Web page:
We all have an important role to play in protecting ourselves and our money from financial crime and banks stand by their promise to reimburse genuine victims of internet banking fraud.
Tom Pullar-Strecker recently asserted that banks are shuffling away from a commitment they
gave in the 2012 Code of Banking Practice to reimburse genuine victims of internet banking
fraud. That’s simply not true.
The code sets out good banking practices that banks agree to observe as a minimum
standard. It’s a starting point. Banks often go over and above those minimum standards
when dealing with particular customer issues. That’s reflected in bank customer satisfaction
ratings around 80 per cent; well above any other service industry. Those ratings are down to
robust competition among our banks and a strong commitment to customer service.
Our code has been developed over 20 years through reviews that are held every three years
involving public consultation. The next review is due to kick off in the middle of 2015, and as
part of that we will again be calling for public submissions to help ensure the code is up to
date and helpful.
Banks will stand by their customers in the case of fraud and that’s reflected in the code by
the guiding principle that banks “will continue the practice of reimbursing all customers that
are genuine victims of internet banking fraud.” That promise doesn’t override customer
responsibilities that are also included in the code. Your part of the bargain is agreeing to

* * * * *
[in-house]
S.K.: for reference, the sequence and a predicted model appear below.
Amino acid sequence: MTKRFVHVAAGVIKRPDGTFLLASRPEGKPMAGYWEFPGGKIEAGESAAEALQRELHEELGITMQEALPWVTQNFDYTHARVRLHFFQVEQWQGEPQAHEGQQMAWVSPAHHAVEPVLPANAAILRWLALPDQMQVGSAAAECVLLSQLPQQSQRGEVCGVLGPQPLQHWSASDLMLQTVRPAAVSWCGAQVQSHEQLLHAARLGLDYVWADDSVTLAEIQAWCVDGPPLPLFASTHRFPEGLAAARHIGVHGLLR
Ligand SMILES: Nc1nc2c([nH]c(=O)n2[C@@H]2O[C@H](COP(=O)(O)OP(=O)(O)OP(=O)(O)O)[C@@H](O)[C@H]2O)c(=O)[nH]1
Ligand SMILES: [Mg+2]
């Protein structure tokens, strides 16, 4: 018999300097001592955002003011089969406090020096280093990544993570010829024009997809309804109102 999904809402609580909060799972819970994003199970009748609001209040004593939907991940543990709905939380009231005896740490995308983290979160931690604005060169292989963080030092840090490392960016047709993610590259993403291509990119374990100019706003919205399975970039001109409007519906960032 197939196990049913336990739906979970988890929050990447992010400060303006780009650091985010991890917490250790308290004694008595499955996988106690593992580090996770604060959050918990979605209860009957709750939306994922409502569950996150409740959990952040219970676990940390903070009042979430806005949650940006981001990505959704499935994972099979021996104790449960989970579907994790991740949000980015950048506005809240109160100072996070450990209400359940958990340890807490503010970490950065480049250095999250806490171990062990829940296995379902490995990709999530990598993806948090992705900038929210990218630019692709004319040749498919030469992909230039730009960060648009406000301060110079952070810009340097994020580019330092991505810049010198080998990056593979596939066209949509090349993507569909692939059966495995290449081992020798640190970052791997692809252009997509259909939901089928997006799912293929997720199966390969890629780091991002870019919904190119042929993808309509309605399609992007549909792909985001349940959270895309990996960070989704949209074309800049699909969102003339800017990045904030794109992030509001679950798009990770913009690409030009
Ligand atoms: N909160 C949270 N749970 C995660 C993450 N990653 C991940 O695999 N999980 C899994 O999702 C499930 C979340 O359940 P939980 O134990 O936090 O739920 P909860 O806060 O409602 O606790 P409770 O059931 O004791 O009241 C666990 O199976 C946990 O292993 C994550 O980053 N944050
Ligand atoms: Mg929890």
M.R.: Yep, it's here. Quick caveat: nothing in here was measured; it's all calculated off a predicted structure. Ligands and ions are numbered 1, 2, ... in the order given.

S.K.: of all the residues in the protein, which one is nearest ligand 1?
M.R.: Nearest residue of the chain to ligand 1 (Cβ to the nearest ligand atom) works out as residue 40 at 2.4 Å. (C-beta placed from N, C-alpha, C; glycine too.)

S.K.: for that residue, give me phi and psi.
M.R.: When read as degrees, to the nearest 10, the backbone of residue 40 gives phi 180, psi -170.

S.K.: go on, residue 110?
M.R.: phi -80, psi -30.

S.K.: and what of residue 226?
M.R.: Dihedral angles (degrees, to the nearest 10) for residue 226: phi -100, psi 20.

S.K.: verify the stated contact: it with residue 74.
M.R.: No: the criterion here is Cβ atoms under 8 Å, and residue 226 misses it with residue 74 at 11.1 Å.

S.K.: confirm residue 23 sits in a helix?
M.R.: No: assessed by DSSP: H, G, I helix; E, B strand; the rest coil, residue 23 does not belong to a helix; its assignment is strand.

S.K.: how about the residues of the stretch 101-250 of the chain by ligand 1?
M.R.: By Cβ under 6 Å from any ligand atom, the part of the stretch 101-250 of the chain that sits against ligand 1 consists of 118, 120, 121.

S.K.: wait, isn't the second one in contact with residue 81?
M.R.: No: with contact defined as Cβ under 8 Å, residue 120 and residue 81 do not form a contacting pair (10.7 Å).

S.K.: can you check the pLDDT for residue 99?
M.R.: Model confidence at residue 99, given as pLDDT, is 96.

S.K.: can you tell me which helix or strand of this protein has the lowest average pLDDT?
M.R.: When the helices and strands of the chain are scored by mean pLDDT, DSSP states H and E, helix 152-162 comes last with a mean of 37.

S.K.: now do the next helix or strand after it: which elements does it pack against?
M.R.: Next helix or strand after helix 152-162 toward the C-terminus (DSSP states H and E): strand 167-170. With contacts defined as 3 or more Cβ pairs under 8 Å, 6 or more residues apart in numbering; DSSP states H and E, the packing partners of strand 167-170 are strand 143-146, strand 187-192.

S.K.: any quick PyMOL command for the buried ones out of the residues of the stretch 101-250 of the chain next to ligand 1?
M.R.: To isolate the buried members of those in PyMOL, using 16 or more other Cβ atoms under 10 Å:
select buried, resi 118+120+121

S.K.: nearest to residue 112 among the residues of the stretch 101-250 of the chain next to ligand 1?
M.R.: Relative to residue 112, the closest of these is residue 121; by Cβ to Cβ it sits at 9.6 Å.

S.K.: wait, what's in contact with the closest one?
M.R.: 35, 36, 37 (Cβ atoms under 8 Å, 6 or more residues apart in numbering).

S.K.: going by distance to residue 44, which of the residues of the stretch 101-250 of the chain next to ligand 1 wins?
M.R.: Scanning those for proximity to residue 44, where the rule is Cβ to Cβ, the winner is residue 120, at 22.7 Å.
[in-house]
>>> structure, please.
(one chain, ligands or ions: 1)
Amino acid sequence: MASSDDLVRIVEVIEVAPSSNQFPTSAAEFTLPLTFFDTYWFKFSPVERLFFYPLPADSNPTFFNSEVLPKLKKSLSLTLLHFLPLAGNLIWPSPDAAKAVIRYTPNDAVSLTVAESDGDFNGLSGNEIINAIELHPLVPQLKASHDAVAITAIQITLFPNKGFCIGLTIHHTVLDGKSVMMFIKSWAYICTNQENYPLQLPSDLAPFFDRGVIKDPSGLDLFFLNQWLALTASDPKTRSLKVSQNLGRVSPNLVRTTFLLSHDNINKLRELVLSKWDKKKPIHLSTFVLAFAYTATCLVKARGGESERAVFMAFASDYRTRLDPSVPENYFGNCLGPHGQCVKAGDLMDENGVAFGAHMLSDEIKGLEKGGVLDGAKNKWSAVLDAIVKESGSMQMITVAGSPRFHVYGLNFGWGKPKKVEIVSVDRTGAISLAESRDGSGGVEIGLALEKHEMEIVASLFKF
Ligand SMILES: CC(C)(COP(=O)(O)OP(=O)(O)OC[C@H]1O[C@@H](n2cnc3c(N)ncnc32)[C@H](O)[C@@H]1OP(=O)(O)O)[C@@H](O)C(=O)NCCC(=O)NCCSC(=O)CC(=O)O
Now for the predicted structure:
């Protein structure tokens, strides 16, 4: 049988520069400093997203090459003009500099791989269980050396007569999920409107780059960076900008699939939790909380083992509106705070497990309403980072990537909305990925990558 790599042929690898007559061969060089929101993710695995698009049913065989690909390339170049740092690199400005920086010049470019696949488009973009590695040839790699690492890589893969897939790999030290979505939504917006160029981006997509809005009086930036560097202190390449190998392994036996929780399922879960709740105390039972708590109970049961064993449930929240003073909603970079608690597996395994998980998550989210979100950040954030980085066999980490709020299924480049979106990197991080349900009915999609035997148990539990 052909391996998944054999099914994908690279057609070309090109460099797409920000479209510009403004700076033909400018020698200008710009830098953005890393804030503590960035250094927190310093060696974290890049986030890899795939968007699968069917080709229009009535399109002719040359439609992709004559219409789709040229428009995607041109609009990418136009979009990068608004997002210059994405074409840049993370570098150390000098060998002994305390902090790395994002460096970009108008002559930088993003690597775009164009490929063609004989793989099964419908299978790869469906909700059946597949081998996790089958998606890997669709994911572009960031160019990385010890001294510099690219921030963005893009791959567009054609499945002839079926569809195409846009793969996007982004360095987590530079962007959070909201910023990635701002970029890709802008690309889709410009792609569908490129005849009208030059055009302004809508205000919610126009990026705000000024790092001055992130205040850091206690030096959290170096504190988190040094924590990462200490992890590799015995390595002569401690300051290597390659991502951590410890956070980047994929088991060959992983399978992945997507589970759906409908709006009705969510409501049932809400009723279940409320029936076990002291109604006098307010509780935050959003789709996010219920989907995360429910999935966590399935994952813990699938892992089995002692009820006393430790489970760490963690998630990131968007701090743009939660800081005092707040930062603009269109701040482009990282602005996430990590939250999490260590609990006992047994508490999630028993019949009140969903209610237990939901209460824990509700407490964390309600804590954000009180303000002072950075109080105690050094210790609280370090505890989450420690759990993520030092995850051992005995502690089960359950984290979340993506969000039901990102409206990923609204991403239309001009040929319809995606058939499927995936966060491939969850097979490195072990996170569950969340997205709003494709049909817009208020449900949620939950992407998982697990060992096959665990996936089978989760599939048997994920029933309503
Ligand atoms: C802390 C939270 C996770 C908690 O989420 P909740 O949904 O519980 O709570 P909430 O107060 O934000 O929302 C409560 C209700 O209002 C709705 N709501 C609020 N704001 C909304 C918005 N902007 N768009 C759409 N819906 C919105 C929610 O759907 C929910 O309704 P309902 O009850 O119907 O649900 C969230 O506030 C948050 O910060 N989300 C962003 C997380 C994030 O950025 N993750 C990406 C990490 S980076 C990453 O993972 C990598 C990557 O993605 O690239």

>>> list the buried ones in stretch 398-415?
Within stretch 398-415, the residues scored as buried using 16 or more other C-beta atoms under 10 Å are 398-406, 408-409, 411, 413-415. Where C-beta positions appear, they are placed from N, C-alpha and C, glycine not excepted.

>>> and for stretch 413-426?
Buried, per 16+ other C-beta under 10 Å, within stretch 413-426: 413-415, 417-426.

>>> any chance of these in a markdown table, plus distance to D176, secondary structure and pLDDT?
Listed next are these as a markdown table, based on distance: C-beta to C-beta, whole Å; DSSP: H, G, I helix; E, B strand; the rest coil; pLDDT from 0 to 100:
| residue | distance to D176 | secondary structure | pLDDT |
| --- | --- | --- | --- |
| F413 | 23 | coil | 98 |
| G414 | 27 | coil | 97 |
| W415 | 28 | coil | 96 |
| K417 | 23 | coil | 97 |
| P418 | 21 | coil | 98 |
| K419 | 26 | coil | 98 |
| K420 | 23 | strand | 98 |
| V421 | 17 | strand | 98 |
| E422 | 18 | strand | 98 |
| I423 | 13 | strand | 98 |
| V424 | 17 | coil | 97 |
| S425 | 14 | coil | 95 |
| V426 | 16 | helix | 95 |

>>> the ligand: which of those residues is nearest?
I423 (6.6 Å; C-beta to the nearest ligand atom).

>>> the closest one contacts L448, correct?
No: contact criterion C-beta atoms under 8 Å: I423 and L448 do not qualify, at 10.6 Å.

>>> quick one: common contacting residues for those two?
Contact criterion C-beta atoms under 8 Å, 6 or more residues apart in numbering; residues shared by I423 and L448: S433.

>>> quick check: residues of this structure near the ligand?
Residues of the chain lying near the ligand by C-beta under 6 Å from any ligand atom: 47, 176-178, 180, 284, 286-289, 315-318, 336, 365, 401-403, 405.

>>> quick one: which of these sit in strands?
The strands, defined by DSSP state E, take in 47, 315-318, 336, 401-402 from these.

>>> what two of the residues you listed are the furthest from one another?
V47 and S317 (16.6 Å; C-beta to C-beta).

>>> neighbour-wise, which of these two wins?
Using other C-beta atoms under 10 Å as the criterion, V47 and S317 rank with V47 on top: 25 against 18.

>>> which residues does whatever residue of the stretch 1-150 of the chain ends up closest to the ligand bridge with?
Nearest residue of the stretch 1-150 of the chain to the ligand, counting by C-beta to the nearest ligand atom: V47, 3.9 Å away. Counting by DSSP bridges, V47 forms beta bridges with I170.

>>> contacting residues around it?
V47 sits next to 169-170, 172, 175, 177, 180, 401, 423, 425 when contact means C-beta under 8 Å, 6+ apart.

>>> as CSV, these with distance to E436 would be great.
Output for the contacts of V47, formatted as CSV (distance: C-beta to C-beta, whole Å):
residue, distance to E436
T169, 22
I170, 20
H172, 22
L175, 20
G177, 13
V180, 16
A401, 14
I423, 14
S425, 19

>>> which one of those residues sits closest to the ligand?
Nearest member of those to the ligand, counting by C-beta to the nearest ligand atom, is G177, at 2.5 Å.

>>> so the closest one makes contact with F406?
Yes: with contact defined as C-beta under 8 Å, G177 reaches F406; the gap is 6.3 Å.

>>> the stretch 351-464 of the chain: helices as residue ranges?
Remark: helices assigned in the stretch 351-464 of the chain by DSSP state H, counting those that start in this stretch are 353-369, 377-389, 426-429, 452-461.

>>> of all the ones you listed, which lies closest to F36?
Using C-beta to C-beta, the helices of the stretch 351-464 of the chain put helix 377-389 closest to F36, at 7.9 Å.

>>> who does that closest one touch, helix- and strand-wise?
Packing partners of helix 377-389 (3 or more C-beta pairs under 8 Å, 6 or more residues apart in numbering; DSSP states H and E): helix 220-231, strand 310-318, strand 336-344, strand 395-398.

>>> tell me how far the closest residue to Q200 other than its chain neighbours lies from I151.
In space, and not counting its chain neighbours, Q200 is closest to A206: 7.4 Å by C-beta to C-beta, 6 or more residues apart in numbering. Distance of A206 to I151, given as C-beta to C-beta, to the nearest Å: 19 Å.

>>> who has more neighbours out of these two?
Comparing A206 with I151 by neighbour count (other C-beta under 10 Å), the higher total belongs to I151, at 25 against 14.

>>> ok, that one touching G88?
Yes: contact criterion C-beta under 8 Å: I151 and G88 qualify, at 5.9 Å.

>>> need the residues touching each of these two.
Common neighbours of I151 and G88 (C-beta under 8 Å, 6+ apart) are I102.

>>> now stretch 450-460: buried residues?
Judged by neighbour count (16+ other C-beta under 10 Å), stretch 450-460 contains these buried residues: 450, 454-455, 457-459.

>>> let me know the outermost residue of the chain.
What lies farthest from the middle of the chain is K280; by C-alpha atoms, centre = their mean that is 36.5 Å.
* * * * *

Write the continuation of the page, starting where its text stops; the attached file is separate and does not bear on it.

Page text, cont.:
never pass on your passwords and PINs to anyone – not even friends, family, your bank or
In using the convenience of internet banking, customers agree to some conditions to help
protect themselves. Those security conditions simply reflect what you can control and what
is entirely out of your bank’s control. If, for example, you lose money because you gave
someone else access to your online accounts, it would be unreasonable to expect your bank
to take responsibility for the loss. Banks set you up with PINs and passwords to protect your
money. This only works if you keep them confidential.
Financial crime takes many forms and scammers are always thinking of new ways to steal
your money. What the code makes clear is that if you have not contributed to a fraud which
results in you losing money, your bank will reimburse you. That’s a great assurance for
If you think your bank has not upheld its promises to you where you’ve lost money in a
scam, or indeed in any other banking matter, you can make a complaint to the Banking
Ombudsman. The Ombudsman’s service is free and independent.
Customer security is a major priority for banks. New Zealand banks work hard to prevent
their customers from becoming victims of any kind of financial crime.
We all have an important role to play in protecting ourselves and our money from financial
crime and banks stand by their promise to reimburse genuine victims of internet banking